Sexual assault case should be dismissed, Marine's lawyer says
Stars and Stripes June 6, 2003
NAHA, Okinawa — Marine Maj. Michael Brown’s defense attorney again pleaded his client’s innocence during a Wednesday hearing and urged the three-judge panel at the Naha District Court to dismiss the sexual assault case against him.
Toshimitsu Takaesu asserted that the testimony of Brown’s accuser during the past three court sessions proved there was no crime.
“It was evident that she had no intention to prosecute him because there was no such a fact of attempted rape,” he said. “This case originally started from a false report Victoria Nakamine made to the military police. Because Okinawa police began investigation based on the false claim she made, attempted rape, which did not actually exist, began to exist.”
But in his opening remarks Wednesday, Takaesu said Brown also made a false statement to police. Brown had contended all along it was the woman who made sexual advances and she became angry when he refused her.
Takaesu’s opening statement, read before the judges, revealed that Brown, upon a suggestion by the club manager to take her out, waited for her in the parking lot outside the Camp Courtney club. While he waited for her to come out, a Marine captain offered him a ride, but he refused it because he planned to take her out, Takaesu said.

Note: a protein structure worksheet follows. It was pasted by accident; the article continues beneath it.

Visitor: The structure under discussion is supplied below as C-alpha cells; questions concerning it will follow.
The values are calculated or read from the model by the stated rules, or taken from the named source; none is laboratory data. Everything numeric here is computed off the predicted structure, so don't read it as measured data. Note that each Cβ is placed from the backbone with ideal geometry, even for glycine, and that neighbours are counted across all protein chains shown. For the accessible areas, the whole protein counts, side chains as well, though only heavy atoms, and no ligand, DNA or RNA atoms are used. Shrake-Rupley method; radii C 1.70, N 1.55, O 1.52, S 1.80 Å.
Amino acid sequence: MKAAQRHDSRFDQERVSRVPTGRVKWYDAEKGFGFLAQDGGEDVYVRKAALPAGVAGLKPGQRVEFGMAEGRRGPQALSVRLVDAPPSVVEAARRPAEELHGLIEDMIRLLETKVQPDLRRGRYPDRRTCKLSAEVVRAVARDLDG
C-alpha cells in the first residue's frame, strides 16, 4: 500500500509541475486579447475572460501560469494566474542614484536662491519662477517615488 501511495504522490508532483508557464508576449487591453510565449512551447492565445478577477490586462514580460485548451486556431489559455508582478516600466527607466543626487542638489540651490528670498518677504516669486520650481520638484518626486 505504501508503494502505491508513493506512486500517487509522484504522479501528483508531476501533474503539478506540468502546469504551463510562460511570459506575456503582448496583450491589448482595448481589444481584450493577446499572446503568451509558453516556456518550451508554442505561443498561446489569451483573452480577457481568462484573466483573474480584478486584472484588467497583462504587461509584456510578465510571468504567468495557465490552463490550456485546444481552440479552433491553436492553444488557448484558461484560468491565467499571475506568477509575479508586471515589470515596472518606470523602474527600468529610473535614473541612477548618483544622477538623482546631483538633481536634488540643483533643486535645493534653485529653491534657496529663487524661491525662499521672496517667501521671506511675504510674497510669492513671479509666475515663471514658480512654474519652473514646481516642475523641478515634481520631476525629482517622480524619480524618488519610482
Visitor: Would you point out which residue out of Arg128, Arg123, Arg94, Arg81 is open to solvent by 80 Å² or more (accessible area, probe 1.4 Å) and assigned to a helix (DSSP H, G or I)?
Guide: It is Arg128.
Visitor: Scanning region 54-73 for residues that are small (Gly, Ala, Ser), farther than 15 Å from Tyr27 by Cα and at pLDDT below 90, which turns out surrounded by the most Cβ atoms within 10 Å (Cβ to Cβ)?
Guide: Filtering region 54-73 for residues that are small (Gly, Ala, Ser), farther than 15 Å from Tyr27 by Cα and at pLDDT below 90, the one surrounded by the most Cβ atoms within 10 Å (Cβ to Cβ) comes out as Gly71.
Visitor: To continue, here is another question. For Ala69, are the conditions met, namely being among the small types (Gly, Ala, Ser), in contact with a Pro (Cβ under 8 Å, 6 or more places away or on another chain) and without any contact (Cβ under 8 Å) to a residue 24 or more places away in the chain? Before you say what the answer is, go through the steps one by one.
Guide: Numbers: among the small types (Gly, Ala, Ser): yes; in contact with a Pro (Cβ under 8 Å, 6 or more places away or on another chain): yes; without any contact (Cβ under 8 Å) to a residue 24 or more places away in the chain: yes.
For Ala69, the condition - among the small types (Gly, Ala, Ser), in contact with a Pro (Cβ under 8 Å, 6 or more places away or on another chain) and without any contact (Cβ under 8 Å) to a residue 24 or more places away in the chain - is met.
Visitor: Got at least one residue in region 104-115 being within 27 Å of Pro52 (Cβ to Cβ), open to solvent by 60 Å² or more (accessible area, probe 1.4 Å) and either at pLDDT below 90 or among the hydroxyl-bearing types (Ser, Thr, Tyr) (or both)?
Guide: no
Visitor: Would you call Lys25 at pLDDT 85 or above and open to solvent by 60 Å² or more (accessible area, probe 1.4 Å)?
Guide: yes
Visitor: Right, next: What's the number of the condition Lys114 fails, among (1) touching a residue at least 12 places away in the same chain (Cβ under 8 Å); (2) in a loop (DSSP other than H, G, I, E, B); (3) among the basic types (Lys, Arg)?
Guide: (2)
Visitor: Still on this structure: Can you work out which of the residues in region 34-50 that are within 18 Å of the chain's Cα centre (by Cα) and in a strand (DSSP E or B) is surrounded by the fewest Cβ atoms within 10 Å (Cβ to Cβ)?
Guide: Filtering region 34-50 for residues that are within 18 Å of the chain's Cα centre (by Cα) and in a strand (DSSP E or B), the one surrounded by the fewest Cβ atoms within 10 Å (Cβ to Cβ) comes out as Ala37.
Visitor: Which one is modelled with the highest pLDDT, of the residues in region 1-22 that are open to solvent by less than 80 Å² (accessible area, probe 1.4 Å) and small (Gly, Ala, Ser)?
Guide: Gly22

“These are material evidences that prior consent was made between Brown and the club manager,” Takaesu said. “But these facts were intentionally omitted from the police statement, a clear evidence that the police fabricated the case.”
When Brown and Nakamine reached a remote area near the base, he made advances, Takaesu said. She resisted and threatened to call the police. Brown then snatched her cell phone, throwing it on the ground, he added.
After realizing the investigation was proceeding on the assumption he was guilty, Brown thought the police would never believe his side of the story, which led him to make the false statement, Takaesu explained to the judges.
Takaesu said Brown told him “the helplessness and despair he had experienced were like those of a patient with terminal cancer.”
In the past three court sessions, Nakamine testified she did not want to punish Brown, asking the court to toss out the case. Her testimony turned the tide of the case.
Brown was granted bail May 16, after the fifth request by his defense. The next hearing is set for June 19.